Mental Health and financial difficulties.

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10 October, 2016

The links between mental health and financial difficulties is a recognised problem within the health care system.

Depression and mental difficulties can lead to financial difficulties created by not meeting payments on time, over spending as a compensation response and lack of awareness of financial needs. In turn these financial problems can influence or have an impact on mental health well-being. Many health care professionals will seek assistance for mental health suffers from a Financial Counsellor to assist in breaking the cycle of financial problems.

This week, 9th-15th October, is Mental Health Week. The aim of Mental Health Week is to promote social and emotional wellbeing to the community, encouraging people to maximise their health potential, enhancing the coping capacity of communities, families, individuals and increasing mental health recovery.

Please support Mental Health Week.

Financial hardship can happen to anyone. The Financial Counselling Helpline provides information, support and advocacy to help people deal with immediate financial problems and minimise the risk of future problems. The service is free and confidential.

Phone 1800 007 007 – The Financial Counselling Helpline.

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Financial Abuse - What is it?

In Australia, 15 out of every 100 women and 7 out of every 100 men experience financial abuse.

Financial abuse often occurs alongside other forms of domestic violence, such as physical, sexual and psychological abuse. It is reported that up to 9 out of 10 women who access domestic violence services have experienced financial abuse.

Who can be a perpetrator of financial abuse?

- Partners, husbands, wives, girlfriends or boyfriends (including exes)

- Carers or paid support workers

- Parents, guardians or other family members

- Adult children

- Other people you live with or see often

What are some of the signs of financial abuse?

- Has someone stopped, or attempted to stop you from accessing your bank account?

- Has someone stopped, or attempted to stop you from working or studying?

- Has someone refused to contribute financially to the household, or does contribute but not enough to cover basic household living expenses?

- Has someone pressured you to sign up for loans, credit cards, consumer leases, pay day loans or utility accounts in your name?

- Has someone damaged, stole or sold your property without your permission?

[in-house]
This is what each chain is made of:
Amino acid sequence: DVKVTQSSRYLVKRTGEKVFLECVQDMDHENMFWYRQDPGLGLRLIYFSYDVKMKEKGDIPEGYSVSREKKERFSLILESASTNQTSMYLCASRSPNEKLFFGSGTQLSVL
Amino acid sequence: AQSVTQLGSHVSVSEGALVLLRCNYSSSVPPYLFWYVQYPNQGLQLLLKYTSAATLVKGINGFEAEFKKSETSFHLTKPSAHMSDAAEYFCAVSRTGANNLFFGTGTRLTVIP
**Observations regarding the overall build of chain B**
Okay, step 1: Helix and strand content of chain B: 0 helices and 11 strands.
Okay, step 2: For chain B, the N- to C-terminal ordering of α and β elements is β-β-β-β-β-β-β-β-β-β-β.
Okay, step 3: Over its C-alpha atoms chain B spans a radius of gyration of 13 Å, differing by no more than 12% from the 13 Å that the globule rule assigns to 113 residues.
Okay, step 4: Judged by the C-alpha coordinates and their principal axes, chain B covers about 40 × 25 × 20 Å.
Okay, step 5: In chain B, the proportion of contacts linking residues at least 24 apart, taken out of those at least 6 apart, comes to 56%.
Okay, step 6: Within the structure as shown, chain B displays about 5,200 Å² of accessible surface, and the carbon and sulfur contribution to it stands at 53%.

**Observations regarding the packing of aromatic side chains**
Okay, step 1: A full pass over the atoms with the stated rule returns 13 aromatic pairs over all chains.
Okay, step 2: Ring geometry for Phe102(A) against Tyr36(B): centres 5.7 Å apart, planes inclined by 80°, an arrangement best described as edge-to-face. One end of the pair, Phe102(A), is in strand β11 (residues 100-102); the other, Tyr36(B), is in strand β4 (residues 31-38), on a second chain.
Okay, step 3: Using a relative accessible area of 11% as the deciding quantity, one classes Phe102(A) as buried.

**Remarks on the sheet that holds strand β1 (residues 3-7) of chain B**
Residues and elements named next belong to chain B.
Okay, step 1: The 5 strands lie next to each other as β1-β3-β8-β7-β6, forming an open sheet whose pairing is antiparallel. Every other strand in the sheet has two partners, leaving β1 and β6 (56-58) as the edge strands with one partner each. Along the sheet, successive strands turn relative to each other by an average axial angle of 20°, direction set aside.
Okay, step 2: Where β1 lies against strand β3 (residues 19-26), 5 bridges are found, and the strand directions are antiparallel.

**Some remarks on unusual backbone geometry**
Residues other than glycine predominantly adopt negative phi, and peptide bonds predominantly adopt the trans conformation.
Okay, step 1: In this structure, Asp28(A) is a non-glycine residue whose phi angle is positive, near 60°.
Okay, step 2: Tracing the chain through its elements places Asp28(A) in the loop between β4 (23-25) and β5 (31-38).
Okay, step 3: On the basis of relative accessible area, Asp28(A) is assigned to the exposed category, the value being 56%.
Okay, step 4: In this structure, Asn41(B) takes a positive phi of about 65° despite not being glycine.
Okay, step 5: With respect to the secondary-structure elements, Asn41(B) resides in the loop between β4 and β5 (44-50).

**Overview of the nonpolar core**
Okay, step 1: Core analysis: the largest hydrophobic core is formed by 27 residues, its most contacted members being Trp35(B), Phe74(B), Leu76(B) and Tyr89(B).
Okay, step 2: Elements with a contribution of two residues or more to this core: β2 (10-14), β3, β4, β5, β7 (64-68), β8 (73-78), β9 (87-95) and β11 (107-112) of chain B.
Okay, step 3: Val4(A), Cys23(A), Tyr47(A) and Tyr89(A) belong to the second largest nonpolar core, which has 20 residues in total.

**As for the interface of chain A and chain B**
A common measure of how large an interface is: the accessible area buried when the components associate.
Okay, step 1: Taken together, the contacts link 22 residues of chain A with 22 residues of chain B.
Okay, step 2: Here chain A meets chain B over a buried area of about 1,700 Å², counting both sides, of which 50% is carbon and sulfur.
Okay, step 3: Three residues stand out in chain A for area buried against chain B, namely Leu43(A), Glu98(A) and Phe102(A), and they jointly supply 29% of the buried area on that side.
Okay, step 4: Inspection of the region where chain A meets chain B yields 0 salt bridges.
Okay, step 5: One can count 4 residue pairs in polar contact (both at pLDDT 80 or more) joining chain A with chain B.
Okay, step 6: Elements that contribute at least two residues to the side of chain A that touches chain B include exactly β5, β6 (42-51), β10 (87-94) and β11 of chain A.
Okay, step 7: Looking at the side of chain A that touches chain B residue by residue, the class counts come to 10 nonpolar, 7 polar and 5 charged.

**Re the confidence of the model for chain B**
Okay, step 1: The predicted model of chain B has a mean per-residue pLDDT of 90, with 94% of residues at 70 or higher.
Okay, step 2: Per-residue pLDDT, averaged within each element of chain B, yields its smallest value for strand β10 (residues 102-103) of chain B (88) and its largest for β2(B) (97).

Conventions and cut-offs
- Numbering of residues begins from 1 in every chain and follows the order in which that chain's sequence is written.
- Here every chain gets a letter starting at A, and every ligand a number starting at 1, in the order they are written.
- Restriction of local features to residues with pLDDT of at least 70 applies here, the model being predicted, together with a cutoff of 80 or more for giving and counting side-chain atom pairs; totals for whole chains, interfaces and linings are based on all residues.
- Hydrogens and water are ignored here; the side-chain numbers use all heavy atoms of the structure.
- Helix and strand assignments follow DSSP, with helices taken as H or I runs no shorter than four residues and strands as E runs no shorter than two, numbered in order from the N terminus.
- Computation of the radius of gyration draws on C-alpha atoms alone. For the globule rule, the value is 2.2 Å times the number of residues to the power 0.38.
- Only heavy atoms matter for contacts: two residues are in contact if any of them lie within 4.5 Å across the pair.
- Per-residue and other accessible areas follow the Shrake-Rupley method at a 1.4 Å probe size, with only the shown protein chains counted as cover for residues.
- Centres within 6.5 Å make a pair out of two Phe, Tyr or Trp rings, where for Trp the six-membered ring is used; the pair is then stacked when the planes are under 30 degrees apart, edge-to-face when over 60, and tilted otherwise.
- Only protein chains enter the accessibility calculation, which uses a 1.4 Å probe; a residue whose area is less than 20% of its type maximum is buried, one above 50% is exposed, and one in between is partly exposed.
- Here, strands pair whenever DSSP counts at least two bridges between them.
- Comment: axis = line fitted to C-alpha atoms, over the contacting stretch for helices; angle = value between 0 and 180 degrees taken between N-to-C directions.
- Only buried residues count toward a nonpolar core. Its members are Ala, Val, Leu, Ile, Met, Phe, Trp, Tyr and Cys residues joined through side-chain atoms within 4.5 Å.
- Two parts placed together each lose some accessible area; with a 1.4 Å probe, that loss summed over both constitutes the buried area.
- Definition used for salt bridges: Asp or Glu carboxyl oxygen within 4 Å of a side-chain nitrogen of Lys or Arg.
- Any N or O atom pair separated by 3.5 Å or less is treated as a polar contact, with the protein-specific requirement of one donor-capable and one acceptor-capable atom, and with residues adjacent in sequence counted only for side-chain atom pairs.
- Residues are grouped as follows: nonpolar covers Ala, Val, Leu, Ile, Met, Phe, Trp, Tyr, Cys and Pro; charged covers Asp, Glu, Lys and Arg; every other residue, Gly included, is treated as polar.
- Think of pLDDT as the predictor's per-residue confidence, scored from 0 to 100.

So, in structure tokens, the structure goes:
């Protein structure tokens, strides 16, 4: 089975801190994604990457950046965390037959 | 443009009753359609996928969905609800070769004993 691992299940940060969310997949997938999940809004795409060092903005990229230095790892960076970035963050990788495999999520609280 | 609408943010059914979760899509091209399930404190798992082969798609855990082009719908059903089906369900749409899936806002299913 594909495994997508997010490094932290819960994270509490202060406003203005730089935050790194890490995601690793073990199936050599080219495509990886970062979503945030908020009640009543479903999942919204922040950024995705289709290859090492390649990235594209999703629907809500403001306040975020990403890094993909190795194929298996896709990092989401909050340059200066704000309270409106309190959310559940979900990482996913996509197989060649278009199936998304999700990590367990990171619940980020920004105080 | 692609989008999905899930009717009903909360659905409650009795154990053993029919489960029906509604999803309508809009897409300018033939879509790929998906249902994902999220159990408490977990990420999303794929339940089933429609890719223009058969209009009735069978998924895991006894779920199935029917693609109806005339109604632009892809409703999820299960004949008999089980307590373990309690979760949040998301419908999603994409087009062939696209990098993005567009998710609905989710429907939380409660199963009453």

- Has someone stopped, or attempted to stop you from using social media, your mobile phone, internet or the family car?

- Has someone made you feel like you cannot manage money on your own?

If you, or someone you know, answered yes to any of the above questions it is important to speak to someone about the situation.

Who do I contact?

- 1800 Respect (1800 737 732) – 24 Hour counselling and support service for people impacted by sexual assault, domestic or family violence and abuse.

- National Debt Helpline – 1800 007 007 – Free, confidential and independent service provided by Financial Counsellors who can guide you through your options to help you plan your way out of debt

For more information about financial abuse, see the attached video from 1800 Respect

For more information about domestic violence, see the attached link to the Domestic Violence section of the Affordable SA App

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Back to school No Interest Loans

Back to school costs are no longer just about uniforms and stationery.

Over the last decade the emphasis on the technology used for education has meant kids require more access to laptops and mobile devices as part of their every day learning. This has meant a huge increase in schooling costs and puts even more pressure on parents finding it hard to cope with cost of living pressures.

Computers and mobile devices are now by far the most significant part of schooling costs for many families and finding the money at this time of the year can send people spiralling into more debt. Many will still have outstanding bills from Christmas.

How can you pay for your kids essential learning needs without sinking further into debt or needing to think about other forms of loans that may cost you a lot more?

Have you heard of NILS? The No Interest Loans Scheme run by Good Finance loans has helped many families to purchase white goods and household items such as fridges and washing machines without paying any interest or charges. No interest, no charges at all! Now the Good Finance NILS is available to help with your back to school needs including computer and text books.

Low Income earners and people in hardship can access this help.

No interest loans are the best and cheapest way for people on low incomes to cover household expenses and necessities, you only repay what you borrow, so you don’t get caught in a cycle of borrowing and debt.

To apply for a no interest loan, visit nils.com.au to find your nearest provider or check out more about NILS and other assistance available in South Australia see the Affordable SA App (download free on Apple and Google play) and website [www.affordablesa.com.au](https://www.affordablesa.com.au/) or ring the [Affordable SA Helpline](https://www.affordablesa.com.au/programs/money-and-finances/affordable-sa-helpline) on 1800 025 539.

By [Graeme](https://www.affordablesa.com.au/team/graeme-hinckley)

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